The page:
November 5, 2004


The Next Four Years: With a clear mandate, Bush will push his ambitious conservative agenda. But hostile Dems and tight budgets will make it a struggle (Business Week, 11/15/04)

To appreciate Bush's achievement, consider the obstacles in his path: Despite four tax cuts, the pre-election economy was 940,000 jobs short of recovering from the losses of the 2001 recession. Sky-high oil prices are sapping growth, and consumer confidence declined in the final four months leading up to the election. The Dow Jones industrial average meandered all year, stuck near 10,000. And analysts scored a hyperkinetic Bush 0 for 3 in the fall debates against a confident, Presidential-looking Kerry.

As for Iraq, the President's defining metaphor for leadership, the U.S.-led occupation looms as a disastrous counterpoint to the 3 1/2-week blitz that toppled Saddam Hussein's forces. After more than 1,100 U.S. casualties, what Americans mainly have to show for Operation Iraq Inc. is a seething Iraqi insurrection, uncertain prospects for free elections, and allies who are buckling under the threat of kidnappings and murders.

Bush's clear-cut victory puts him in a strong position to push ahead with the next leg of his ambitious conservative agenda. But given the deep divisions rending the nation, it would be a stretch to interpret his triumph as an overwhelming endorsement of anything concrete -- much less "stay the course" entreaties on Iraq, a deficit-be-damned drive for more tax cuts, or a dimly perceived "Ownership Society" that proposes partial privatization of Social Security and aims to replace the employer-based health-insurance system. Hemmed in by hostile Democrats, a busted piggybank, and a lack of national consensus on his conservative reforms, Bush faces tough struggles on Capitol Hill.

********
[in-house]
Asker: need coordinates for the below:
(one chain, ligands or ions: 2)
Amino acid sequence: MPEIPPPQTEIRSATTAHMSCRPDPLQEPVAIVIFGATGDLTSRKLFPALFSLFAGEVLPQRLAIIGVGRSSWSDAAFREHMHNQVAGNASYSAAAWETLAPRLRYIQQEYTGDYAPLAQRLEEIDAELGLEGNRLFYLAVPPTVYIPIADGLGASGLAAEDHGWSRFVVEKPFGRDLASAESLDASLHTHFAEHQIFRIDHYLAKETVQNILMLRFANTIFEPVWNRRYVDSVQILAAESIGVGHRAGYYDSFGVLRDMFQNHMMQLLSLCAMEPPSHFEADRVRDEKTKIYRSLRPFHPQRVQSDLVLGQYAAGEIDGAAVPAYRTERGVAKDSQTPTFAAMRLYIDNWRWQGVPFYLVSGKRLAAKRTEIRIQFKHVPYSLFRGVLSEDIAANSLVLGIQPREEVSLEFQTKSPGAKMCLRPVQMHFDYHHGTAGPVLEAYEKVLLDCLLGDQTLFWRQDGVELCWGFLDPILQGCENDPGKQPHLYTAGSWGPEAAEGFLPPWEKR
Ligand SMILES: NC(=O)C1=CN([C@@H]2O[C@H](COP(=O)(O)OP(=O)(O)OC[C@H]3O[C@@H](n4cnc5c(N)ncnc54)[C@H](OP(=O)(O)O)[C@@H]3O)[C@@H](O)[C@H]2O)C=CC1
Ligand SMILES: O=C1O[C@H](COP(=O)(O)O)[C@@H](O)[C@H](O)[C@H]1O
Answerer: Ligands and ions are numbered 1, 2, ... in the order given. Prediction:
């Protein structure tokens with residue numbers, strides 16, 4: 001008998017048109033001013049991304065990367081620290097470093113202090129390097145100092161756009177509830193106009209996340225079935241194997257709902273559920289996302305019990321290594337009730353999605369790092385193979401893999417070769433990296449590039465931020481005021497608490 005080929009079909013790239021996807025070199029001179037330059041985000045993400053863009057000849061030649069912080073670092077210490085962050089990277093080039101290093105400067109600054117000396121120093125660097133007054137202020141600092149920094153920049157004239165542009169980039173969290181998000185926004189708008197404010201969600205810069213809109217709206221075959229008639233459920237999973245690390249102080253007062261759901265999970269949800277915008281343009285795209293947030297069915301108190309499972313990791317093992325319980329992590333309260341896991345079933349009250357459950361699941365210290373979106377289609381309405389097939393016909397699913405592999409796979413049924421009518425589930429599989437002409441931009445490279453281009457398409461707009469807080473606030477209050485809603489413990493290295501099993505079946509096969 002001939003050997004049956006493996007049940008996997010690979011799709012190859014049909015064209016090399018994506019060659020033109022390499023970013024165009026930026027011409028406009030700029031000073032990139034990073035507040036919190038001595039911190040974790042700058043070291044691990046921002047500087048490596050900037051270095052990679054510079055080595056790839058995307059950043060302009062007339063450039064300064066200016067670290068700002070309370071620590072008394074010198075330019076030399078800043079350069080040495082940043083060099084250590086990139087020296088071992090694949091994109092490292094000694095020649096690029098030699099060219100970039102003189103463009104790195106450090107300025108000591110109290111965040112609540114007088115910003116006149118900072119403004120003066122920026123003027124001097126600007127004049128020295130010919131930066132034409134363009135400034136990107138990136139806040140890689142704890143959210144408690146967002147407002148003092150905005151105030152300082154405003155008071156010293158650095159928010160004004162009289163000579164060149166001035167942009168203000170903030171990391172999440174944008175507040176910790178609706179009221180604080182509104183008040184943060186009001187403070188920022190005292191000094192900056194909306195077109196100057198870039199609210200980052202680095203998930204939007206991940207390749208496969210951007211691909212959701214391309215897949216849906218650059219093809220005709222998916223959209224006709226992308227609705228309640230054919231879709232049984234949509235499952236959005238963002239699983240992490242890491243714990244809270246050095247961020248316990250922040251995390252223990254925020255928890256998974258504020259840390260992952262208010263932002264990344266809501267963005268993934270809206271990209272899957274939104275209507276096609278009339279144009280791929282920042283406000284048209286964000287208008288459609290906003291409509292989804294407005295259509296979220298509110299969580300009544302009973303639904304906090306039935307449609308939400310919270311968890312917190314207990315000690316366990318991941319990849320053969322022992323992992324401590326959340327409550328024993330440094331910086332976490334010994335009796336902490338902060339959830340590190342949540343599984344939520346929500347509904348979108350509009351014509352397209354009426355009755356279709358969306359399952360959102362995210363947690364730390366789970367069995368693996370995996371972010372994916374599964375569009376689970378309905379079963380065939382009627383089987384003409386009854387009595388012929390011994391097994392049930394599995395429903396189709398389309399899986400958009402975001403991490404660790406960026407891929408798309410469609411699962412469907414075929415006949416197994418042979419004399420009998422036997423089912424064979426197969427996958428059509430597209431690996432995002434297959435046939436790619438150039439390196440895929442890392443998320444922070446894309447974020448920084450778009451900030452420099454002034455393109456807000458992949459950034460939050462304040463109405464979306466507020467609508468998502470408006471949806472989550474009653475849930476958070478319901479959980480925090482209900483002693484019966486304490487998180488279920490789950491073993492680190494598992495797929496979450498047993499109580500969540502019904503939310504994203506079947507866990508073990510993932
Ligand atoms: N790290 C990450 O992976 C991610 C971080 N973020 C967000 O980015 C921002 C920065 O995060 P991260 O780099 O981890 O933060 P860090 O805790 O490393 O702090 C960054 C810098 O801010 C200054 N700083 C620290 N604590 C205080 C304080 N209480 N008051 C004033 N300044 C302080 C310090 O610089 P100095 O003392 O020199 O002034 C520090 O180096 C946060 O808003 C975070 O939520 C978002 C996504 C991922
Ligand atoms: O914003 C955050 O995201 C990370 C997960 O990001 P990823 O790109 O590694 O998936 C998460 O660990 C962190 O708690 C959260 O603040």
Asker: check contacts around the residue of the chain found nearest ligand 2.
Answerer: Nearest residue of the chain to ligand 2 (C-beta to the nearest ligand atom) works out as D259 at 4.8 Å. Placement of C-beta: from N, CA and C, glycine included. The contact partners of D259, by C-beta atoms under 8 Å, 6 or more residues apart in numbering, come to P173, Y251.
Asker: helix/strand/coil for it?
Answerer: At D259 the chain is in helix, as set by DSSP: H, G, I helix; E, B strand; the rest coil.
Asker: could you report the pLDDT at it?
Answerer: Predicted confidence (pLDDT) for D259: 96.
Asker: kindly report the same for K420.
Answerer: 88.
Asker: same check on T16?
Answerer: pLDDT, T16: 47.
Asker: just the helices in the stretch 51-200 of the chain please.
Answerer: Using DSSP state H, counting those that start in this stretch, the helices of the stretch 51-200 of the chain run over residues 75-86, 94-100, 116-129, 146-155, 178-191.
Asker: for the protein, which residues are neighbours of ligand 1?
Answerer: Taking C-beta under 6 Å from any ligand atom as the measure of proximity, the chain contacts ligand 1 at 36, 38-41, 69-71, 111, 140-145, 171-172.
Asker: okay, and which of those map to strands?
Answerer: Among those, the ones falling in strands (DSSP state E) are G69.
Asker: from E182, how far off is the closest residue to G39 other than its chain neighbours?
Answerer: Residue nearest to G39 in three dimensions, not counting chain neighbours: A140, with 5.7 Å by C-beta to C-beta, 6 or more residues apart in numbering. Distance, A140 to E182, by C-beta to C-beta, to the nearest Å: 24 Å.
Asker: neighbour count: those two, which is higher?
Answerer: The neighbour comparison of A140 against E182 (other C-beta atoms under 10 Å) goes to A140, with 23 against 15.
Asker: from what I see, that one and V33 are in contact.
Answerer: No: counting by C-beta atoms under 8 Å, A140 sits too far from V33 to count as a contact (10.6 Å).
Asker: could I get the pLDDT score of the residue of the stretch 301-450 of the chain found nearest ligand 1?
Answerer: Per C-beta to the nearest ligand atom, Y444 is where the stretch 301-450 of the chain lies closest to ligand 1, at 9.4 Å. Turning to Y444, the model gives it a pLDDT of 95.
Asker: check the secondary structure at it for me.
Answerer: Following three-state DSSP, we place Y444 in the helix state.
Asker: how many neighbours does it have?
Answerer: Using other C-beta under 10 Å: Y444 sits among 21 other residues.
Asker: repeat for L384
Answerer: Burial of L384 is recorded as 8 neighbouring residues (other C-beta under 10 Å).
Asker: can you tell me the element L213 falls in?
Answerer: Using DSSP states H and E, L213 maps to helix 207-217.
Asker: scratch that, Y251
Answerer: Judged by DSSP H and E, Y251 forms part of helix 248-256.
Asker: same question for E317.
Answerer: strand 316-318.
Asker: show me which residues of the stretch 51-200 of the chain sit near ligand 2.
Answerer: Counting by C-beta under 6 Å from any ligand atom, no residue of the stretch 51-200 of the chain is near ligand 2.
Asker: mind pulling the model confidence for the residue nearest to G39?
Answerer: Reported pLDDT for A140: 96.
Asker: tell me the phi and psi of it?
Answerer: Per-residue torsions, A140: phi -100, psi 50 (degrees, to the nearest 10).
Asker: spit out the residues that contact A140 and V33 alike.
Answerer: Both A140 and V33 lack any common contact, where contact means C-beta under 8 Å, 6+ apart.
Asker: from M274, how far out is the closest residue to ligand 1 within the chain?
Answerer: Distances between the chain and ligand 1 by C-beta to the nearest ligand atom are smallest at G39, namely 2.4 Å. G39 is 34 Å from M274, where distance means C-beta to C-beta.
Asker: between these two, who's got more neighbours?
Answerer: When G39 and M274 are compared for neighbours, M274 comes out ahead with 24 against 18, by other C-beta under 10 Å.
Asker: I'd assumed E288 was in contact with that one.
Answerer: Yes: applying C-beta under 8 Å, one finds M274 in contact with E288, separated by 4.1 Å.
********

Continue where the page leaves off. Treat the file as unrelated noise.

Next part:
What the President mainly won on Election Day, experts say, is a chance to revise the script of 2000, when he ignored a contested victory to govern more from the conservative than the compassionate end of the spectrum. He also gained an opportunity to reach across party lines and bind the nation's wounds. "The country remains clearly divided," says Richard M. Kovacevich, chairman and CEO of Wells Fargo & Co.. His hope is that "President Bush would decide to bring the country together and be President of all the people."

Will Bush seize the moment, morphing from partisan to conciliator? Not likely, longtime Bush-watchers suspect. While the President may mute some base-stoking rhetoric for a while, when Congress convenes in January he's expected to dig in his spurs and charge. That means pushing ahead with a troubled Iraq venture, possibly upping the ante in a showdown with Iran, kicking off a sweeping drive for free-market reforms of domestic programs, and -- given the chance -- naming conservative anti-abortion jurists to the Supreme Court.

"If Bush were like Thomas Jefferson -- which he is not -- he would issue a statesmanlike call for reconciliation," says Rutgers University political scientist Ross K. Baker. "Instead he'll interpret his win as a strong sign of support for things like private Social Security accounts."